I just had the same dilemma and discounted the 600LT as it doesn't have the active aero / suspension, does not have many bespoke parts and is unlimited production. Plus (in my eyes and I know this is subjective) its not as attractive as the 675. That's not to say I wouldn't have one. If the 675 didn't exist it would be my choice. The 720 while being ballistically quick & comfy & an awesome machine is the standard production car in much the same way the 12C & 650S were and doesn't have the appeal, to me, that a ltd production 'special' car did. Plus 675 has a huge analogue rev counter, that's the icing on the cake.

Being a fellow 430 CUP owner I know you appreciate cars that are designed to be the pinnacle of the range and are rare & unique. Combine this with a cash purchase and I think a 675LT is where you should be looking. I am very pleased with mine it has the engagement & connection that the 430CUP gives me that is missing in all other paddle shift cars I have driven.

Good luck with the search.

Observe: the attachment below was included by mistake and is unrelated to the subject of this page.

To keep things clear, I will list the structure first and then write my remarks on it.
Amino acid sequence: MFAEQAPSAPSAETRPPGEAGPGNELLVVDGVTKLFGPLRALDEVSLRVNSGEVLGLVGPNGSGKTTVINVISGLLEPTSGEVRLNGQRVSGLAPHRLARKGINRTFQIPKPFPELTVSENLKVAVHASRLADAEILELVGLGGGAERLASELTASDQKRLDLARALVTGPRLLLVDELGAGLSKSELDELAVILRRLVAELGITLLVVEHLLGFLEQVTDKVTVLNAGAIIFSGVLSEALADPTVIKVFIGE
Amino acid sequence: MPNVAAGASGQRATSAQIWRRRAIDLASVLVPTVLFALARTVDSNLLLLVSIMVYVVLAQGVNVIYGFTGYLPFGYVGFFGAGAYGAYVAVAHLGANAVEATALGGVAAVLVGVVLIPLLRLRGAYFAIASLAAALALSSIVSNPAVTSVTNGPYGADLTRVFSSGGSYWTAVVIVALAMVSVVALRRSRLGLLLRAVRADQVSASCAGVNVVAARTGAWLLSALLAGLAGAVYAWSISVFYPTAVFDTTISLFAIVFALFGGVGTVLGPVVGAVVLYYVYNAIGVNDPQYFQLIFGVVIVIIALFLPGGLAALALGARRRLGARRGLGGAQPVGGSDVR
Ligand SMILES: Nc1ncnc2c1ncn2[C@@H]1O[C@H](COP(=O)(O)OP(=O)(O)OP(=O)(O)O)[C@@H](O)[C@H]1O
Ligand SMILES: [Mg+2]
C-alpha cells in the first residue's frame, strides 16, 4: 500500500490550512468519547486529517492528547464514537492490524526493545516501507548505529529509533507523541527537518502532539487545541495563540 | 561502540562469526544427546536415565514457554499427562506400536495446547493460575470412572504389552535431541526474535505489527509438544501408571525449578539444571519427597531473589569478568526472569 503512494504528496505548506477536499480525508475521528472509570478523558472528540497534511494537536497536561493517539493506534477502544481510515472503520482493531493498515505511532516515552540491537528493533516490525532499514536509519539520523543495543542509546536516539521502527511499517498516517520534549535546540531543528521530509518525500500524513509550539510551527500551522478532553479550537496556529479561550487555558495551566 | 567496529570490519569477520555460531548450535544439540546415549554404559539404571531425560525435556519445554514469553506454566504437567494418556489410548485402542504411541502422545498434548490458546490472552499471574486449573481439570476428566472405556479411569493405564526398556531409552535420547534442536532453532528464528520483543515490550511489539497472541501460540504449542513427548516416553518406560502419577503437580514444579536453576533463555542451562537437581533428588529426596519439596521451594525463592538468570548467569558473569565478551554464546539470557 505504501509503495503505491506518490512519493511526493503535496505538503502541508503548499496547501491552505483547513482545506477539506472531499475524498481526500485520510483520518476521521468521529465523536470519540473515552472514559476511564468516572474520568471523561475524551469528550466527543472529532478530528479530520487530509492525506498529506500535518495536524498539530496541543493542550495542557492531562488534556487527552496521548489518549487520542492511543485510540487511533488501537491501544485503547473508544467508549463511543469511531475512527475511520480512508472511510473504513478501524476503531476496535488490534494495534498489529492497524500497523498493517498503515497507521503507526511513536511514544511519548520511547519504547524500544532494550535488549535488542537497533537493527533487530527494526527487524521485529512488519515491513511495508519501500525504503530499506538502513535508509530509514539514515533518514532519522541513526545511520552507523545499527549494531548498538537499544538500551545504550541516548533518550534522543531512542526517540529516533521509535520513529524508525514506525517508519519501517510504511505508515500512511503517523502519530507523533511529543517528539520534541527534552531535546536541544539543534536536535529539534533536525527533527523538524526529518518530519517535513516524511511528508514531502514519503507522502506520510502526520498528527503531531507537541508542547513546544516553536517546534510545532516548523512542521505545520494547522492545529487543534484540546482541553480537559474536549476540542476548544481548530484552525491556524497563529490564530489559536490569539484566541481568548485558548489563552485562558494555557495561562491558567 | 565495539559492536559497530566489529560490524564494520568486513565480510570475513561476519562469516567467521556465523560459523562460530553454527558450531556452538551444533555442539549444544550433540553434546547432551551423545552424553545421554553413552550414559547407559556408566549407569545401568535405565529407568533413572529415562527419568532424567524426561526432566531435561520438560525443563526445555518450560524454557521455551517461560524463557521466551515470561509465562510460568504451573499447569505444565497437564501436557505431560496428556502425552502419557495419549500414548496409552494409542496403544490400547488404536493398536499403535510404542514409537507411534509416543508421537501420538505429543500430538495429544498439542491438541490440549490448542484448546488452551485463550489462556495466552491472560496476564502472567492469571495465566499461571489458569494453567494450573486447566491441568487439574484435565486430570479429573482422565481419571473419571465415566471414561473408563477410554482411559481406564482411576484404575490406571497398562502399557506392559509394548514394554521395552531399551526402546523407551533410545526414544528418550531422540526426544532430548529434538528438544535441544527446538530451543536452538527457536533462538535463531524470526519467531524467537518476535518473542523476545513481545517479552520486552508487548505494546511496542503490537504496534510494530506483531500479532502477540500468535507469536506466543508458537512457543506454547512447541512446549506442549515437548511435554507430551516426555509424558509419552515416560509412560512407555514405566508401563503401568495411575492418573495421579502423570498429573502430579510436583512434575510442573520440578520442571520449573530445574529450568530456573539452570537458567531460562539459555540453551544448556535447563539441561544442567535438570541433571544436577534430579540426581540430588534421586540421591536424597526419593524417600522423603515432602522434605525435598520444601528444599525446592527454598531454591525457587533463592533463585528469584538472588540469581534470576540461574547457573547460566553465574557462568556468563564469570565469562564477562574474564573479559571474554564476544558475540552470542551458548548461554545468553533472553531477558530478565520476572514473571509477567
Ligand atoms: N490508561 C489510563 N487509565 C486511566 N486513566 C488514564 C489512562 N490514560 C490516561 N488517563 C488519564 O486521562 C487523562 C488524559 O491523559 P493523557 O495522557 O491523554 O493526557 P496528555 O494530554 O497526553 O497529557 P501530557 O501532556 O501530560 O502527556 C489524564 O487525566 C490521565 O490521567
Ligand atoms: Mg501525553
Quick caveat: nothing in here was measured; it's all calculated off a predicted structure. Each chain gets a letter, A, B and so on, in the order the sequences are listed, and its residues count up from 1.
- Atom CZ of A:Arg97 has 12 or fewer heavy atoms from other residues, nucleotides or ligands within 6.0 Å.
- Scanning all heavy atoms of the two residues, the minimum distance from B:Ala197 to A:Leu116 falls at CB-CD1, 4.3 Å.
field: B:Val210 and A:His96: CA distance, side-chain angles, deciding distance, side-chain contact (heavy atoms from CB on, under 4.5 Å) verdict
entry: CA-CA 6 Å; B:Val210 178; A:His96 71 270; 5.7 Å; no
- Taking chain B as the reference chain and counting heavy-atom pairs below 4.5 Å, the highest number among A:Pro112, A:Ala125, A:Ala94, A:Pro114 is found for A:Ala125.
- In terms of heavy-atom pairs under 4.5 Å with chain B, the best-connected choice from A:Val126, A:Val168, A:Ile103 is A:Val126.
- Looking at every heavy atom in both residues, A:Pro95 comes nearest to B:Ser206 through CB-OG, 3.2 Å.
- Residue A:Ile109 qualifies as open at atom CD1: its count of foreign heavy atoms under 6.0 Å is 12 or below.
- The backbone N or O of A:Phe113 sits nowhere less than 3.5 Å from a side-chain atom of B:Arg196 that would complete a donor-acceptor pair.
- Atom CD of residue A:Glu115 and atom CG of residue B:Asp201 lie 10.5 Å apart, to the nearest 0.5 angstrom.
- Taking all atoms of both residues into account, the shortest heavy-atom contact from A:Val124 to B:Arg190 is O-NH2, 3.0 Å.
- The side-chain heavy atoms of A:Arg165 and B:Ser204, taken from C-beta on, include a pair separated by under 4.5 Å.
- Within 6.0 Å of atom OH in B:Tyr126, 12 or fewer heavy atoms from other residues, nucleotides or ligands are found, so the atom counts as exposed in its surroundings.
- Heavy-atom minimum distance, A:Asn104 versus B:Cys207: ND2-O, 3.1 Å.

PompeyReece

1,305 posts

70 months

Thursday 6th February 2020
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dazmanultra said:
I think most owners would love to only lose £15k a year. I think actual figures are probably closer to double that

I found bid/offer spread on McLarens somewhat wide as well.
I loved my McLaren but I would personally never pay cash for a McLaren again - I'll do PCP and then know my exact cost of ownership over x years.
A 720S is £150k now, £30k a year depreciation will make then £90k in two years? Really?

650spider

1,476 posts

152 months

Thursday 6th February 2020
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The pcp deals seemed out of this world.

I don't know how they have managed to get them underwritten with gfv's at the £175k mark after 2 years when the likes of top555 and redline have very very low mileage napier green 600LT spiders with fantastic specs at less than that price now on their forecourts...

As been mentioned by another poster its either a monthly payment being made on something you won't own or a massive depreciation each month on something you do own...either way your as well buying what you will use very regularly in order to get your moneys worth.

My previous sporty car was track biased and i couldn't be bothered with it after a very short period of each drive due to crashing over potholes and road surfaces and generally being too uncomfortable...my current McLaren has the 'magic' suspension and its a revelation...i use it for every possible journey, even picking up take-aways etc.